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Top 5 Steely Dan Songs About L.A.

Look At These Fucking Hipsters
Look At These Fucking Hipsters

See also: Steely Dan Fans Are Assholes

I've long considered Steely Dan the ultimate Los Angeles band. Proof? They're not actually from here, like almost half the city. Like the best Angelenos, they have a healthy hatred for the entertainment industry. And, like all transplants, their memories of the cold, bitter realities of the northeast give them a special appreciation of Los Angeles' climate natives lack. The Dan sometimes took the time to write about Los Angeles. Here are five L.A. anthems by the world's finest studio perfectionists.

"Glamour Profession"

It doesn't matter if you're living on the Boulevard in a doorway, a high-powered celeb out on the town or the drug dealer who keeps them both going: "Living hard will take its toll." Like many of The Dan's best, the true meaning of this song lies hidden beneath a catchy funk riff and a soul hook. It's about an unnamed Hollywood drug dealer, catering to the stars of sports and screen. You thought the "Glamour Profession" in question was acting or modeling? Get with it, son. This is the world of The Dan. The heroes are never America's sweethearts, they're the unsung urban gutter dwellers living fast and free.

"Show Biz Kids"

In Hollywood, there's the film industry. In the Valley, there's the other film industry. While the hardworking people of Pacoima and San Fernando are settling down for a night's sleep, the fast and furious stars of the "other" film industry are reaching for an eight ball and all the tequila they can drink. How long will they be able to hack it? They don't know and they don't care. "Show biz kids / Makin' movies of themselves / You know they don't give a fuck / About anybody else." The Dan knew this before most people in America knew there was porn.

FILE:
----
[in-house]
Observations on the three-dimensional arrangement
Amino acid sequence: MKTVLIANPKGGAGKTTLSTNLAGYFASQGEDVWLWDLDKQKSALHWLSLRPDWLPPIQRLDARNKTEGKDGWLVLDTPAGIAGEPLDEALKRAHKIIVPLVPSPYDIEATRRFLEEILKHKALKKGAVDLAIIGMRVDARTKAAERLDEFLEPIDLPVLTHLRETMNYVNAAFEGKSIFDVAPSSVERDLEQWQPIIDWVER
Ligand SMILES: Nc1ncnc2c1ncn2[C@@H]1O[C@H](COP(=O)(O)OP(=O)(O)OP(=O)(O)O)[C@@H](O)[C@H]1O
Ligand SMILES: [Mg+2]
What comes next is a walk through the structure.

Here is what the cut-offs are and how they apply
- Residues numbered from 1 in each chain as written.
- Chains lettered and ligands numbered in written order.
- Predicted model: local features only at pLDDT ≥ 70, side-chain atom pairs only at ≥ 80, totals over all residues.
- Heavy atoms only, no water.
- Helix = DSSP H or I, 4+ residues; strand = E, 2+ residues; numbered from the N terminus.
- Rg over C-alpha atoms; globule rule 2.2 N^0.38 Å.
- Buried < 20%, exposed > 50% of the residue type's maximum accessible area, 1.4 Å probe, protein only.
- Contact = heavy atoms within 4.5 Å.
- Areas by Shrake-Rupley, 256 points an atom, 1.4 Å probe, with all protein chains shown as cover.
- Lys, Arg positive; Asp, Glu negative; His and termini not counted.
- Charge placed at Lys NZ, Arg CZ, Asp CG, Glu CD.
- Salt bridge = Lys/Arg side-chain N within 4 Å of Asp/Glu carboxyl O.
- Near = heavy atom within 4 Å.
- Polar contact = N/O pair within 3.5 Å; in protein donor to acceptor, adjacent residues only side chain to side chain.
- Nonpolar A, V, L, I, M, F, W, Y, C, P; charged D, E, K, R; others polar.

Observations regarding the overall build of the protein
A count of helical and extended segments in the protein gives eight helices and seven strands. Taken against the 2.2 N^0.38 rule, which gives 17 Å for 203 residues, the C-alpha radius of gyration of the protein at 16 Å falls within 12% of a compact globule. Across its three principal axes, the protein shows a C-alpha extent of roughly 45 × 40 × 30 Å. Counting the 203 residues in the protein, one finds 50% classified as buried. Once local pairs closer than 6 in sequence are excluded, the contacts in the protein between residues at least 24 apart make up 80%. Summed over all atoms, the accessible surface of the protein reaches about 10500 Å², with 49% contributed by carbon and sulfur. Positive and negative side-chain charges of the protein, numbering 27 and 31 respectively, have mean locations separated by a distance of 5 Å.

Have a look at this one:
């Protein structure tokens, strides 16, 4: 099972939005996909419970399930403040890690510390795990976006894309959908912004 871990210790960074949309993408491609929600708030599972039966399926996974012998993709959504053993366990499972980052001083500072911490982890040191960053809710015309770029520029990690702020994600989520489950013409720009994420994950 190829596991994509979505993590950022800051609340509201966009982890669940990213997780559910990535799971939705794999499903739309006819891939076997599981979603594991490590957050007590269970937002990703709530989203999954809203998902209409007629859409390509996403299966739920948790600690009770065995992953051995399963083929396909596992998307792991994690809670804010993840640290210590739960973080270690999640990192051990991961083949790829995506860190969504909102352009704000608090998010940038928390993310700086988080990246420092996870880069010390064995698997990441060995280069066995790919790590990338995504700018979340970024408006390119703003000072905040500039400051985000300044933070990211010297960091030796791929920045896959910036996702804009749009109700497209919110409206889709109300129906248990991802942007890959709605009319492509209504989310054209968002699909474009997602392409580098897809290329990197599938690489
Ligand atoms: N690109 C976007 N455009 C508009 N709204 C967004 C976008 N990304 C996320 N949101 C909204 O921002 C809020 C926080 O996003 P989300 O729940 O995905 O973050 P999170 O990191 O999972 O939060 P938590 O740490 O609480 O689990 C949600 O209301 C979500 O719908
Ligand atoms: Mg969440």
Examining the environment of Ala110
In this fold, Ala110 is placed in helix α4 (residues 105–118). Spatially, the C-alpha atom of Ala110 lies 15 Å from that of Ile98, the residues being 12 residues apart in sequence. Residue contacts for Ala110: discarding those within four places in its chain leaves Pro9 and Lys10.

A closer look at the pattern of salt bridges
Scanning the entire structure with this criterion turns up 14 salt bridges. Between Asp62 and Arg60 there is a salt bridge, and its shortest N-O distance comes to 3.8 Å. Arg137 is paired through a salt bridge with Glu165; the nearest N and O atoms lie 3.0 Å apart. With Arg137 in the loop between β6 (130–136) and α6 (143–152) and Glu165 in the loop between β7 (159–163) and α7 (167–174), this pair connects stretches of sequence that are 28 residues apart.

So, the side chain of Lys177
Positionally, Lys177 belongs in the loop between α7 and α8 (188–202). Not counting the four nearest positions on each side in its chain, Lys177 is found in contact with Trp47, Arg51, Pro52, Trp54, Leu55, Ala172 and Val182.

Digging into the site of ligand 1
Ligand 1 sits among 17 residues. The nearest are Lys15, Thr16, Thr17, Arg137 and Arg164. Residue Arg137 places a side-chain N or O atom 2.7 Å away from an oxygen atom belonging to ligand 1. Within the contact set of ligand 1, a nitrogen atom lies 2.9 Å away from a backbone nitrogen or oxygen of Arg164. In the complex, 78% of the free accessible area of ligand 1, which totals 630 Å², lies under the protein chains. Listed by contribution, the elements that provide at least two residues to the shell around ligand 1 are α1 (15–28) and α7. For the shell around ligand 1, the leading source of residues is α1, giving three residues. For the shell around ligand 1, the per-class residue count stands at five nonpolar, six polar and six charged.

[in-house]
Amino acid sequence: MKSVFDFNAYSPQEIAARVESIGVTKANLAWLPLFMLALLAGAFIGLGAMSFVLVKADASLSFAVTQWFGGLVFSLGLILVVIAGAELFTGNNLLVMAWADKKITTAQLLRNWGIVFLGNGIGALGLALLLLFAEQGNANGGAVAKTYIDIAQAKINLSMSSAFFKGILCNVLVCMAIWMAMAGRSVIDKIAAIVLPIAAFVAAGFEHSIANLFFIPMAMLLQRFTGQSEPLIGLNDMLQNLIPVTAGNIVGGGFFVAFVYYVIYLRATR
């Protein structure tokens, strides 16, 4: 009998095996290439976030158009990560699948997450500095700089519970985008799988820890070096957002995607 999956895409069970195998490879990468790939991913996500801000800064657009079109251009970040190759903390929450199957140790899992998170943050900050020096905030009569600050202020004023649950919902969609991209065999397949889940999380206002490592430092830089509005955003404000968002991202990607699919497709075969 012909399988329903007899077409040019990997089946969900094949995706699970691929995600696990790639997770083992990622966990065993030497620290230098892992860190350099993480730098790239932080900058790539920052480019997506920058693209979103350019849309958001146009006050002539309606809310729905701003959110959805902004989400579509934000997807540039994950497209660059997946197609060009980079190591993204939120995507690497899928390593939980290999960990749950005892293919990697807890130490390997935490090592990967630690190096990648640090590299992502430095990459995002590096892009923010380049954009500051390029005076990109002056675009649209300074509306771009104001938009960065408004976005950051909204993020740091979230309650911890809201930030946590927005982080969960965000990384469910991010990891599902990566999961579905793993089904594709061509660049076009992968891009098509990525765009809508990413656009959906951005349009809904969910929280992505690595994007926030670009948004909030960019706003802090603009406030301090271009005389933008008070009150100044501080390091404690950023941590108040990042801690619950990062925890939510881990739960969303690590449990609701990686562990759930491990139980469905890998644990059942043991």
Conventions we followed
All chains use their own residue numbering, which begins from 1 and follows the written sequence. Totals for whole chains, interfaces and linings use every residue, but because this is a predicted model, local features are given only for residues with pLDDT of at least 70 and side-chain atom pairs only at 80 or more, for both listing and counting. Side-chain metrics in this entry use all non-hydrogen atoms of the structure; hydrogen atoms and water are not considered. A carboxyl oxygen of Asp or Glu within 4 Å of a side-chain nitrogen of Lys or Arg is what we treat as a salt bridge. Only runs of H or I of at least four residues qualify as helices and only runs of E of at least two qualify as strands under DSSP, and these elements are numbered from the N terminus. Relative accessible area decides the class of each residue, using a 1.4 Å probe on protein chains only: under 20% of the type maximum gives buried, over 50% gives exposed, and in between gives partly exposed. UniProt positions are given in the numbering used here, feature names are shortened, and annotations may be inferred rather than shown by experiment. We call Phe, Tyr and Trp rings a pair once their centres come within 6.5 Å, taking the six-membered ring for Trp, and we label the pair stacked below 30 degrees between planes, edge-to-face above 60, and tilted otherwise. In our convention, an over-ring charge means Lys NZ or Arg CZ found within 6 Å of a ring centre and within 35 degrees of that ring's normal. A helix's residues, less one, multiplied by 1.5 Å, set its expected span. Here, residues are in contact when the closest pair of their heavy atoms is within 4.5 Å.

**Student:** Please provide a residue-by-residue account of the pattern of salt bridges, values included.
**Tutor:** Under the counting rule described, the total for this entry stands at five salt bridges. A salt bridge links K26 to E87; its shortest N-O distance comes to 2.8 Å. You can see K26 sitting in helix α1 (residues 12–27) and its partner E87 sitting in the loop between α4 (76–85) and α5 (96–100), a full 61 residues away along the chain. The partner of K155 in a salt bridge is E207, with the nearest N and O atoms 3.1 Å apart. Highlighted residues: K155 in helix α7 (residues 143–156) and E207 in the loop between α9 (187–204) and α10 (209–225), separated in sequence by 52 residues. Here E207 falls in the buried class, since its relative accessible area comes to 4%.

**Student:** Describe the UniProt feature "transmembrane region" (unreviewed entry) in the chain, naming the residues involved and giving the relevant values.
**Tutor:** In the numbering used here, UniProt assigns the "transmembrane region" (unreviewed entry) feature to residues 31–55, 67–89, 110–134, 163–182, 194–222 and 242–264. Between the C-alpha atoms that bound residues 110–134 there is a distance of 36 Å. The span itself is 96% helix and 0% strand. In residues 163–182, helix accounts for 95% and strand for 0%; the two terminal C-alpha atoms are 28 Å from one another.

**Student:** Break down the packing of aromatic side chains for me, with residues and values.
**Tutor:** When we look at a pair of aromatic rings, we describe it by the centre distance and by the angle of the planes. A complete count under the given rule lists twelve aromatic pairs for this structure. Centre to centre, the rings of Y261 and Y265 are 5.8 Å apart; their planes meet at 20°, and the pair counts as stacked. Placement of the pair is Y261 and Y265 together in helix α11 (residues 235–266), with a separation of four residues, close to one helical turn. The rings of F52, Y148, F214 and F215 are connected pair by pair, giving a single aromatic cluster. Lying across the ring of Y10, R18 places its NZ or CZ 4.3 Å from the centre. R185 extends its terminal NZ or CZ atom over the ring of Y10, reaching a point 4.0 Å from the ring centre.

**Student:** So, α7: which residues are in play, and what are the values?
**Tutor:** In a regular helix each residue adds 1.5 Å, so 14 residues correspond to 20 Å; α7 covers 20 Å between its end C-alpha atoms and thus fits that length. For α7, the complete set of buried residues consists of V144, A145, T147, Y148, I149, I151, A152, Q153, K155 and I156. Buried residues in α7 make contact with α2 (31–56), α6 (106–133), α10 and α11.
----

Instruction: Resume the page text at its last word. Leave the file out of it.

"Babylon Sisters"

The meaning of this song is controversial among Danfans. Here's my take: This cat is having a midlife crisis, see? He ends up indulging himself by dipping his wick in some nubile young black prostitutes. He doesn't want to just ball them, though. He wants to feel loved, to feel wanted. His closest friends know, and their main concern is that, like heroin, this isn't the kind of thing you just dabble in. For his own part, the man wonders if he's up to the task of satisfying more than one at a time. This is some typical aging Hollywood player bullshit. But ain't it delicious?

 

"Bad Sneakers"

Many Dan songs are "Dylanesque," kaleidoscopic and impressionistic. This is one of those songs. However, it tells the tale of existential angst all transplants go through. While it's hard to deny the splendor of the City of Angels, some things just never seem quite right. Like 80 degree days in January and people who don't use the word "fuck" to fill the space between thoughts. Here, Donald Fagen fantasizes about returning to the East Coast to laugh at the frozen rain.

"Everything You Did"

The life was getting to Steely Dan by the time The Royal Scam dropped. This is a dark track off their darkest album. There are two interpretations. Both begin with a man catching his wife being unfaithful. Either he makes his wife recount her dalliances and enjoys the tale a little too much, or he rapes her as a form of revenge. "Turn up the Eagles / The neighbors are listening."

Only in LA.

See also: Steely Dan Fans Are Assholes

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